Are our road authorities working hard enough for us?
One statement that seems to pop up more than any other in my conversations with Australia’s road authorities goes something like this:
“Parts of our 26-metre B-double network don’t meet all of the minimum geometric requirements for Level 2A classification under the PBS Network Classification Guidelines.”
This is usually followed by commentary about insufficient lane widths, shoulder widths and bridge widths, and the amount of funding that would be required for rectification, despite Level 2A classification being intended to correlate directly with existing 26-metre B-double access.
To my mind this can mean only one thing: that the Guidelines are gold-plated. Rather than reflect the road geometric standards already accepted across our network for conventional 26-metre B-doubles, the Guidelines call for a utopian standard. And by not offering any guidance to road managers on risk-based decision-making with respect to roads that fall slightly short of the utopian standard, road managers are reluctant to stick their necks out. Why would they? They have nothing to gain if it works, and everything to lose if it doesn’t.
Advantia advocates a risk-based approach to road access decision-making. A utopian standard is fine, provided it is labelled as such, and accompanied by less desirable but nonetheless acceptable alternatives.
- Desirable requirements set out the ideal (utopian) standard
- Acceptable requirements set out a lesser standard that is suitable with no risk-mitigation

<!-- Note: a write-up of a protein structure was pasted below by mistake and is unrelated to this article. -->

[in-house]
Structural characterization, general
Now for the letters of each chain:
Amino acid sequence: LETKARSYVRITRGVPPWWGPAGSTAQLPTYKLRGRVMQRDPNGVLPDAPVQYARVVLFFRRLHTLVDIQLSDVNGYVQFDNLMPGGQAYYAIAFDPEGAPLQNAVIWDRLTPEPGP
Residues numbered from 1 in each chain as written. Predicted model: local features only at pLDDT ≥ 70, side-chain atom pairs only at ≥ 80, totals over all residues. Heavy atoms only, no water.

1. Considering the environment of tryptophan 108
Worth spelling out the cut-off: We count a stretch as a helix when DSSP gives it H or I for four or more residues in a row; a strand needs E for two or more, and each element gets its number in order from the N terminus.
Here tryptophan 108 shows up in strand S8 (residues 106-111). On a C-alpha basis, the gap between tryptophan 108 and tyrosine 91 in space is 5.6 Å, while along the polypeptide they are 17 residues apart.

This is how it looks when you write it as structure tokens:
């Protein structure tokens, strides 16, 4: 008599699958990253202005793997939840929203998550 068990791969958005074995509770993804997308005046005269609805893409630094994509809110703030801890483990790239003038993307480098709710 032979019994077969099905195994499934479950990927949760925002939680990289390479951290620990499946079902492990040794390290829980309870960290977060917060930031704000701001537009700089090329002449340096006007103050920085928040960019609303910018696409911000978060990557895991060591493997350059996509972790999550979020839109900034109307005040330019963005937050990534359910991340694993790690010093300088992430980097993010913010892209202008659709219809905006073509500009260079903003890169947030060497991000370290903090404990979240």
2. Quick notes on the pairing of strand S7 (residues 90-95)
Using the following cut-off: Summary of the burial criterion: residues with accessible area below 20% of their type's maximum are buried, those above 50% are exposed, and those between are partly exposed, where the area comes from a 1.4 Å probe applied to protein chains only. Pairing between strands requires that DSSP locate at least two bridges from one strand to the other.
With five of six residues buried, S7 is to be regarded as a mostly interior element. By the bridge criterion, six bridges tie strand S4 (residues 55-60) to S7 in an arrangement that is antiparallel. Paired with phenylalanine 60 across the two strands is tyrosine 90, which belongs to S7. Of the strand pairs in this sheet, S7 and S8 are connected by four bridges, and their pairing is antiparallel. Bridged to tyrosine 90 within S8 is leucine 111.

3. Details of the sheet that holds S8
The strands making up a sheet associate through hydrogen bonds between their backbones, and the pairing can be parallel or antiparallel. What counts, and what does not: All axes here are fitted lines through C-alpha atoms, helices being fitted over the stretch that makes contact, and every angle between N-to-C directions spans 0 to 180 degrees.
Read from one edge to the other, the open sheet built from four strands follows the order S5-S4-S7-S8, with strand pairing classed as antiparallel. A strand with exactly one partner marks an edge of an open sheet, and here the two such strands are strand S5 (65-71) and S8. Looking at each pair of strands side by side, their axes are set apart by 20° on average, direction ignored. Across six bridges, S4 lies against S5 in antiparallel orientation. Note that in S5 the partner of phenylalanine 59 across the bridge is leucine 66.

- Risk-mitigated requirements set out an even lesser standard that is suitable only with risk-mitigation.
While there is currently no formal implementation of such an approach for PBS network classification, looking at how things are done in various jurisdictions reveals a broad spectrum of approaches. The Victorian approach is a good example of a road authority properly sweating its assets:
- Even though many of its major highways are not suitable for 85.5-tonne A-doubles due to bridge capacity limitations, it has pre-approved access for A-doubles on those highways up to the maximum mass allowed on any structures crossed. Those masses are published on the VicRoads website, with indications of expected timeframes for mass upgrades on each structure.
- The soon-to-be-released 36.5-metre network (akin to Level 3A) will include many intersections that are unsuitable for a worst-case Level 3 combination to turn at, due to swept path capacity. The network will allow 36.5-metre combinations to turn at these intersections provided their individual swept path width does not exceed the identified maximum allowed for the intersection.
If we wait for everything to be perfect before we take a step forward, we will never move.